Board plans appeal of school decision

The decision by a state panel could delay the closing of Conococheague Elementary School.

The decision by a state panel could delay the closing of Conococheague Elementary School.

January 14, 2003|by PEPPER BALLARD

WASHINGTON COUNTY - The Washington County Board of Education is appealing a state panel's decision that could delay the closing of Conococheague Elementary School and will hold a public hearing on the issue tonight.

The hearing will be at 7 p.m. at Western Heights Middle School.

The Maryland School Construction Program deferred sending the School Board's plans to renovate Maugansville Elementary School to the Maryland Board of Public Works because a feasibility study on the matter had not been completed.

Without a feasibility study, the state construction committee had unanswered questions about the school system's plan to purchase land and close 42-year-old Conococheague Elementary, said Yael Stenzler, executive director of the Maryland Public School Construction Program.


Dennis McGee, the school system's director of facilities management, said the process of approval for school construction projects normally moves from the Maryland School Construction Program to the Maryland Interagency Committee to the Maryland Board of Public Works.

This year, the Maryland Interagency Committee didn't meet to review the Maryland School Construction program's deferments because there was no money to give out.

Stenzler said 20 of the state's 24 school districts plan to appeal to the Board of Public Works over projects for which approval has been deferred.

A feasibility study is required by the state if the school system plans to tear down more than 25 percent of an existing school.

McGee said the School Board is looking at about four options for renovations for Maugansville Elementary, some of which would require demolition of more than 25 percent of the existing structure.

McGee said the school system has been fast-tracking the Maugansville renovation project, trying to complete the feasibility study and the project planning in one year. Normally, he said, the feasibility study would be done one year and the planning phase would be done the following year.

"The board has prioritized this project," McGee said.

The Maugansville renovation and Conococheague closing have been included in the school system's five-year Master Plan and Capital Improvement Plan.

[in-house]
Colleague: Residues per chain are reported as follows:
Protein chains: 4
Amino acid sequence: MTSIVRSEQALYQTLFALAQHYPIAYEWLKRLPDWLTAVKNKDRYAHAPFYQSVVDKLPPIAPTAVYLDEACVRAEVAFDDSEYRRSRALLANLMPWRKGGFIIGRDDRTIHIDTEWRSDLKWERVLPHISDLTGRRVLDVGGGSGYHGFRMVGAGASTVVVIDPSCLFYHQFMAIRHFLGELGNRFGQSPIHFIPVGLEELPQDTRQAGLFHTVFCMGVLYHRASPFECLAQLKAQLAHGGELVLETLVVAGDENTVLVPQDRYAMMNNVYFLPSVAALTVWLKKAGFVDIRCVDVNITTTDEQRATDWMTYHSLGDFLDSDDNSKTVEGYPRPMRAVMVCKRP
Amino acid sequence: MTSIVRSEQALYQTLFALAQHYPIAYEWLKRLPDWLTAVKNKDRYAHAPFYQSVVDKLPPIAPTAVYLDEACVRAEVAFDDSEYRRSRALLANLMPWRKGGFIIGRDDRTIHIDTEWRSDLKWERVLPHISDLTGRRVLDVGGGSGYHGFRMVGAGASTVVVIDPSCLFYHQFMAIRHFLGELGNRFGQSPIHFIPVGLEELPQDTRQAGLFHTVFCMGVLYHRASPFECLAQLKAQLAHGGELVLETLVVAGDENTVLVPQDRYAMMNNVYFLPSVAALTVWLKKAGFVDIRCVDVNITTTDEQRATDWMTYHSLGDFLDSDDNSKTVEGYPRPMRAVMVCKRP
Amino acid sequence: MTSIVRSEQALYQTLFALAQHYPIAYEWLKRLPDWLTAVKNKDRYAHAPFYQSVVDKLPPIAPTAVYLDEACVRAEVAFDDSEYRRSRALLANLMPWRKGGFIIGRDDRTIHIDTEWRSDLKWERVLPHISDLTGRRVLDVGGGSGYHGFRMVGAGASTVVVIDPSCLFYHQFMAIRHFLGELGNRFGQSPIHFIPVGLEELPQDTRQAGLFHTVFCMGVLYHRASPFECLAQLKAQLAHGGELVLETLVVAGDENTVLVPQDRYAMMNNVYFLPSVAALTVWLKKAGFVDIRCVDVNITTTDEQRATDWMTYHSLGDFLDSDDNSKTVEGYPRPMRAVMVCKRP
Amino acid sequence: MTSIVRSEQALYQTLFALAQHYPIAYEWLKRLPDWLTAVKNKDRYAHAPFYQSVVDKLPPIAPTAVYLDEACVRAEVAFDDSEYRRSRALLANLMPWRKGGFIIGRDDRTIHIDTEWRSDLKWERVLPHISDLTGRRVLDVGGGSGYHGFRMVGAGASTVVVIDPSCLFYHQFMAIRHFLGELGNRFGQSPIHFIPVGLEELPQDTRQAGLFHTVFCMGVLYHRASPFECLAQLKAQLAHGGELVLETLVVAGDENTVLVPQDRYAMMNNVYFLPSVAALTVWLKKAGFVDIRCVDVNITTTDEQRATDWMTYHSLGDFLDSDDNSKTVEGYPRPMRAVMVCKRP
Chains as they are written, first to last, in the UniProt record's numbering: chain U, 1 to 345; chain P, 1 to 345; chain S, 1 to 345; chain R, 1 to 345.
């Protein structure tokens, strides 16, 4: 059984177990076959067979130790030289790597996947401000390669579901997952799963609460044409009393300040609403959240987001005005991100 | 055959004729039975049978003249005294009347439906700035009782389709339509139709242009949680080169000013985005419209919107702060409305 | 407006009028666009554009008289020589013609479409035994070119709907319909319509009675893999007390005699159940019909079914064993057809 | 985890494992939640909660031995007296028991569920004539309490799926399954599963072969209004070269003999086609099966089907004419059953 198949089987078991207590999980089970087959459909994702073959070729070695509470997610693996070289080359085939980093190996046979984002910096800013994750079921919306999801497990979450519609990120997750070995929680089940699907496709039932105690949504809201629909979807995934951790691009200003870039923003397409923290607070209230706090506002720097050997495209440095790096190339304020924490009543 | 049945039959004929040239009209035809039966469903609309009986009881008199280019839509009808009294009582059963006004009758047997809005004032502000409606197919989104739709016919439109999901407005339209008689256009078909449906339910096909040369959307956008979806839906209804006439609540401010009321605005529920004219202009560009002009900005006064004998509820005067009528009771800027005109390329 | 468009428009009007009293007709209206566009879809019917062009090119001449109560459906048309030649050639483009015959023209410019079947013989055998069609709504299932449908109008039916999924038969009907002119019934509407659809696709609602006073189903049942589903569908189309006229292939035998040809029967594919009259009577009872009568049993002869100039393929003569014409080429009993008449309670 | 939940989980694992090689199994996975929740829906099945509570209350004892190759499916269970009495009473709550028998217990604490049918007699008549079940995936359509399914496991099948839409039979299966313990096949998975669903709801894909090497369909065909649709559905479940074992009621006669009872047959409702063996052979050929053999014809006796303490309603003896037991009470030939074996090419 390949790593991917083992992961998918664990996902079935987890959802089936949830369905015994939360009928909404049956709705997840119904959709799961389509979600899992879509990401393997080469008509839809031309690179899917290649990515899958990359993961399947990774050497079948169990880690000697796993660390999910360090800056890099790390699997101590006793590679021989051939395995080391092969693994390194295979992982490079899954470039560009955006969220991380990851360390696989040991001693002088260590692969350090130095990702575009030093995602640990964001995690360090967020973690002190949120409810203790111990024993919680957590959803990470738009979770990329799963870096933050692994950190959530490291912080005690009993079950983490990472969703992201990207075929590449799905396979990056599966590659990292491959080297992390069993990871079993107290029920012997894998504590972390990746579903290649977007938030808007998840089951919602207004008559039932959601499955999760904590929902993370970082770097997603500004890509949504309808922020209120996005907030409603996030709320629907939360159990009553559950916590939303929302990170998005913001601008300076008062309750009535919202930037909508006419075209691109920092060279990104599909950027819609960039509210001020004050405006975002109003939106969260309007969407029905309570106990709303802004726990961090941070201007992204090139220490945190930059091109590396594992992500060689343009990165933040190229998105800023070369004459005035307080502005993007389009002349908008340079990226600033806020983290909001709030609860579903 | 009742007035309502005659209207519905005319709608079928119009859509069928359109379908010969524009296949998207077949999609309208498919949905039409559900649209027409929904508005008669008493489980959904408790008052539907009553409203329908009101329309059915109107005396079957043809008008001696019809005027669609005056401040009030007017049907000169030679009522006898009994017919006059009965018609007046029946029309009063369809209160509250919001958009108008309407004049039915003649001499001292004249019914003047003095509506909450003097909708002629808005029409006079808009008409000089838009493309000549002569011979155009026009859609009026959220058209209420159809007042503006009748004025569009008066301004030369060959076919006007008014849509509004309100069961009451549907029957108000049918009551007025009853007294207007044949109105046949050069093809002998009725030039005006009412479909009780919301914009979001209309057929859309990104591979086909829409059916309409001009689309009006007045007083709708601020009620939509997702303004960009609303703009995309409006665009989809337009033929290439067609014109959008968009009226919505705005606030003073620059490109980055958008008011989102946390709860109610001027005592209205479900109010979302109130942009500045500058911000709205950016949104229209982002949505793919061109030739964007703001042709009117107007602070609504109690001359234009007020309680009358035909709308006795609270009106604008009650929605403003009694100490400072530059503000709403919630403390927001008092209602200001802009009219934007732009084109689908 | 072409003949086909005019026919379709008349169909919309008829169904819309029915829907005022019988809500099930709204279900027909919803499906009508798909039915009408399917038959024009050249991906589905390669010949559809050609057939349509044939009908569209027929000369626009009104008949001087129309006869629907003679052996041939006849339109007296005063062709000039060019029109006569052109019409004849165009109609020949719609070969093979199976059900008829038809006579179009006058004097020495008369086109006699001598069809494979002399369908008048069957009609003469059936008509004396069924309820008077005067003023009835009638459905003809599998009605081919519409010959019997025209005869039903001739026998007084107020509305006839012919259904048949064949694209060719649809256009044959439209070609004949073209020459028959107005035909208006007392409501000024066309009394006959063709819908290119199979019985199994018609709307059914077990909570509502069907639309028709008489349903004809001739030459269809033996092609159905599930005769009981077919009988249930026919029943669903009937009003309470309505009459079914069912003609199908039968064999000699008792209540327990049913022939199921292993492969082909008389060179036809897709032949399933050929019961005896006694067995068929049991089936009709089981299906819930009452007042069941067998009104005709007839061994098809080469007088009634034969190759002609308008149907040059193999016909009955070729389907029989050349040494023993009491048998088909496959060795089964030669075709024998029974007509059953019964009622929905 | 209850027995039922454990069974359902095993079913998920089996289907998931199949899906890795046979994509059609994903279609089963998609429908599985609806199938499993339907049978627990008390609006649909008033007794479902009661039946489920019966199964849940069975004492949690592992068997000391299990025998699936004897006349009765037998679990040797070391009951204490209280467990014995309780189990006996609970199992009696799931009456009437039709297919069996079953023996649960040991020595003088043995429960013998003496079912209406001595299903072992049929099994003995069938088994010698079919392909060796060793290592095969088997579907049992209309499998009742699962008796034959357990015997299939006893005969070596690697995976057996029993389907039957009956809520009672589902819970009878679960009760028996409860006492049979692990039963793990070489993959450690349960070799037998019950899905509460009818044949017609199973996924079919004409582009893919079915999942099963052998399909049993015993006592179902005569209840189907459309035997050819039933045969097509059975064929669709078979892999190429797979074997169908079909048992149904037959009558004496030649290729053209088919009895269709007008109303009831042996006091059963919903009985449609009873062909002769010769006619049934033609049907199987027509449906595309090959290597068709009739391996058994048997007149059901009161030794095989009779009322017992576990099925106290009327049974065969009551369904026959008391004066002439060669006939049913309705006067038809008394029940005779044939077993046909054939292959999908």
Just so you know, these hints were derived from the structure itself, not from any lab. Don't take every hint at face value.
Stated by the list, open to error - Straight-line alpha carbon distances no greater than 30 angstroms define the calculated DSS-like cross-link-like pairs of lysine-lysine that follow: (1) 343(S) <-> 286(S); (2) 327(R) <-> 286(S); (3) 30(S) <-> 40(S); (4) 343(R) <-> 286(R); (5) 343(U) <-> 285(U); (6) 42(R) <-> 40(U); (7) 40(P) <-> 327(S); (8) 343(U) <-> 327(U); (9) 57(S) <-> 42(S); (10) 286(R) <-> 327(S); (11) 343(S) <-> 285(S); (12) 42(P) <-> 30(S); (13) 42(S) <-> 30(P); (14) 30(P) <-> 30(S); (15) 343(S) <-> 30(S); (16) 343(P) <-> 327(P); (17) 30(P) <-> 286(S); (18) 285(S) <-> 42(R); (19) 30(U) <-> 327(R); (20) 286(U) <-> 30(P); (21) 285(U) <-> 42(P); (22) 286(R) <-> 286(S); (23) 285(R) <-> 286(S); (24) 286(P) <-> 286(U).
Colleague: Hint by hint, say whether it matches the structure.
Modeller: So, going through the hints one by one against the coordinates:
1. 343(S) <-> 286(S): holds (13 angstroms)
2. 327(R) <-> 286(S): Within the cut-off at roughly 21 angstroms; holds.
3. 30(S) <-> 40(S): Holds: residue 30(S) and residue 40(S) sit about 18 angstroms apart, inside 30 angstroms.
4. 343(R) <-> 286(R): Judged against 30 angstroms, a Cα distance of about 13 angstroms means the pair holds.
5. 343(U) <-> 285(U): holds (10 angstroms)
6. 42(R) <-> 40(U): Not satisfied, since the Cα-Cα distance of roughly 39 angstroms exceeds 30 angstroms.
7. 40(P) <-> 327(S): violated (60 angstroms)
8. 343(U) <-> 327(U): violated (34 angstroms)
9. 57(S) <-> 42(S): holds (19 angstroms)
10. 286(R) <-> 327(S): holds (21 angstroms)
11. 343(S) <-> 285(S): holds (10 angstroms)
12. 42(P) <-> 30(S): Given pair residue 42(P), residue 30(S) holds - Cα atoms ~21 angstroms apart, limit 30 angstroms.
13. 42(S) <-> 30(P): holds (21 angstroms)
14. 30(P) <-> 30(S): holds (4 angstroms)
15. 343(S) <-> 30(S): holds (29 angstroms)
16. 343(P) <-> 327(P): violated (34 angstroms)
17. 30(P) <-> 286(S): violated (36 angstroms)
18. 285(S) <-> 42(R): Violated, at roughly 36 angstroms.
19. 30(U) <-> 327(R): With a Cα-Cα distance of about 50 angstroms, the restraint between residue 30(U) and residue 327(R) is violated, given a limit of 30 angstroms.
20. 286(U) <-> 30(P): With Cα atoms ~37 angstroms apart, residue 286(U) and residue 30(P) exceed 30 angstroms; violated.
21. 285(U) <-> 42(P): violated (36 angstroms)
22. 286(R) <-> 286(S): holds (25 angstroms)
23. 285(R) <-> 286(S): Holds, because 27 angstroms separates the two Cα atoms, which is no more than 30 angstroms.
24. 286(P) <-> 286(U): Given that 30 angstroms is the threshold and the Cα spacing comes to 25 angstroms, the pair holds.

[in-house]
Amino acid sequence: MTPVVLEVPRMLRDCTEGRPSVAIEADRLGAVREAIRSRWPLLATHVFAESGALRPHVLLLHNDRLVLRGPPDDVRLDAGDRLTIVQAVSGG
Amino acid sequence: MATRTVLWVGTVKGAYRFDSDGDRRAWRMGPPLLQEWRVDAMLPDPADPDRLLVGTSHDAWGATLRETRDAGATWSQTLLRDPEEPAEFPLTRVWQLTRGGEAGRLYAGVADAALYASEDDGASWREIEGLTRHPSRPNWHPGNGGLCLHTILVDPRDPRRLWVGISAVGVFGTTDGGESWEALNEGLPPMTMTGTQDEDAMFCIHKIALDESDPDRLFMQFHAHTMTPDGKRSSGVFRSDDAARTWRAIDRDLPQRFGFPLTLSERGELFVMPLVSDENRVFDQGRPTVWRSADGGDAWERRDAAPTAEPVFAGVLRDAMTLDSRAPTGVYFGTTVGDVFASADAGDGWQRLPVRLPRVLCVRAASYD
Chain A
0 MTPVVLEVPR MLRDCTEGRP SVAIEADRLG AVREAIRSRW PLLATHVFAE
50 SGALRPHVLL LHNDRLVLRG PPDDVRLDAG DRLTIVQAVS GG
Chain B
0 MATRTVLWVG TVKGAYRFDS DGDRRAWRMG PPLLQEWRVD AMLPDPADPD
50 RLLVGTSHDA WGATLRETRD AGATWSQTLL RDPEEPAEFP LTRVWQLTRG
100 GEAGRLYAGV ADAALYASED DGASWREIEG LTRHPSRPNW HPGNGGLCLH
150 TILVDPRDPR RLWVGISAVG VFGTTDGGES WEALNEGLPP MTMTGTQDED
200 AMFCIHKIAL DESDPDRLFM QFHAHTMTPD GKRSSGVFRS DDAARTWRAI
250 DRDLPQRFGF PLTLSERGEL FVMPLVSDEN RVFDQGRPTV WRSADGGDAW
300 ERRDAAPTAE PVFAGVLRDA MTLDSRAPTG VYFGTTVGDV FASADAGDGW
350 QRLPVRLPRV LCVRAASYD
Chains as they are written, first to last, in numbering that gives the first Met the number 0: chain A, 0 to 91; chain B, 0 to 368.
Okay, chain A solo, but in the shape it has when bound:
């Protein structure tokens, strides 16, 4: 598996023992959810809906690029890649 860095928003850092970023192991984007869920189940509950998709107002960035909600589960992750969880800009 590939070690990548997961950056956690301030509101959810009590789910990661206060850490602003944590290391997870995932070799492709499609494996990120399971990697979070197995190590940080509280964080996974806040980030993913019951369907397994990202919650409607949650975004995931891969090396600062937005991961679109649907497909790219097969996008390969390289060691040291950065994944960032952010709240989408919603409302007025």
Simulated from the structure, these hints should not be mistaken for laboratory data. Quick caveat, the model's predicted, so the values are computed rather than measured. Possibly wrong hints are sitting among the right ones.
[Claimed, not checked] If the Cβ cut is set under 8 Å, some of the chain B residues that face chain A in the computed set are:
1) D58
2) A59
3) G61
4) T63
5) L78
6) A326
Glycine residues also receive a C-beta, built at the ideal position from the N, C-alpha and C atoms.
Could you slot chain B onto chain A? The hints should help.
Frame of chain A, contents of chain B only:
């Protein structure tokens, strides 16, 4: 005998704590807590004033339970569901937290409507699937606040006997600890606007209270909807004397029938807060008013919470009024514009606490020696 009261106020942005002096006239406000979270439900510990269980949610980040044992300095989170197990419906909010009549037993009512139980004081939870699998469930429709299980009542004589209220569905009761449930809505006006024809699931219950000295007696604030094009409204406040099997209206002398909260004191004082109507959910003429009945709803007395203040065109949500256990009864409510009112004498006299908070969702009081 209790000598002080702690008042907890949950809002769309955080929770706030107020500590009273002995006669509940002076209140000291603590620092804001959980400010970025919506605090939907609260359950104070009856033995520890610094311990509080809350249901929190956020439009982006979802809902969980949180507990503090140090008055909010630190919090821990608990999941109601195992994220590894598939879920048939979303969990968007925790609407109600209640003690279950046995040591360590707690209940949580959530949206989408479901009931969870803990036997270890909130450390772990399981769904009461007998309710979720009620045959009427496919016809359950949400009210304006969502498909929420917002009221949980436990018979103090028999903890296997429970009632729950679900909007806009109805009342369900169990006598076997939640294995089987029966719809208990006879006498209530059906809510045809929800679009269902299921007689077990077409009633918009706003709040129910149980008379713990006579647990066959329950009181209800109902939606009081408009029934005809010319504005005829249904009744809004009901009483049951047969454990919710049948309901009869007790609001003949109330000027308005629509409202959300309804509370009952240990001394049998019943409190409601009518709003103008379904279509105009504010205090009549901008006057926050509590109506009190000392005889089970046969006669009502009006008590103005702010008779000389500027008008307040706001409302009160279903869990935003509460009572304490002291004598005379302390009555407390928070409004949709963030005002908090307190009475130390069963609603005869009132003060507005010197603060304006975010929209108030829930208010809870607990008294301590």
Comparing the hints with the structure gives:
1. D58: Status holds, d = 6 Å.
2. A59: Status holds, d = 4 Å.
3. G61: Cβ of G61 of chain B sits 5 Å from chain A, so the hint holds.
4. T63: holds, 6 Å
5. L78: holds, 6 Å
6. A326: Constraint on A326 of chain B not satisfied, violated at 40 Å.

McGee said the School Board denied approval for the Maugansville feasibility study in 2000, but approved it last fall.

He said the feasibility study and the decision to close Conococheague must be finalized by March 31 in order to have the plans reviewed by the state before the end of this year's General Assembly session.

McGee said he plans to take the feasibility study before the School Board on March 4 for a first review.

He said state funding is dwindling for school construction projects. This year, school systems have requested $310 million in school funding, but only $78.5 million is available, he said.

The Aging School Program, which provides grants that fund construction projects for schools 15 years and older, will end its funding after fiscal year 2004. The school system has received $200,000 per year from the program over the past six years. In the past, it has funded projects like recarpeting, reflooring and installing fire alarm systems in older schools.

In order to make up for funding cuts from the state, the School Board planned today to ask the Washington County Commissioners for $5.9 million for school construction projects in fiscal year 2004.

That's $900,000 more than the $5 million in school construction funds the commissioners agreed to provide for fiscal year 2003.

School Board members plan to tell the County Commissioners they may have to ask in spring 2004 for $9.2 million for fiscal years 2005 and 2006 in order to have the Maugansville renovations completed by August 2006, the original completion date.

McGee said the request to the County Commissioners will depend on the amount of money that will come from the state.

The Maugansville project was one of 67 projects for which approval by the state public school construction program was deferred. Only three, plans for two school additions and one replacement school, were approved by the state, Stenzler said.

Construction plans are not funded by the state, but if the plans are approved, the project can go forward for funding by the state, Stenzler said.

Renovations to Salem Avenue Elementary School and repairs to Northern Middle School's boiler were approved by the Public School Construction Program this year.

The Board of Public Works will hear the School Board's appeal Jan. 22. The three-member board approves such expenditures as major construction contracts and property transactions.

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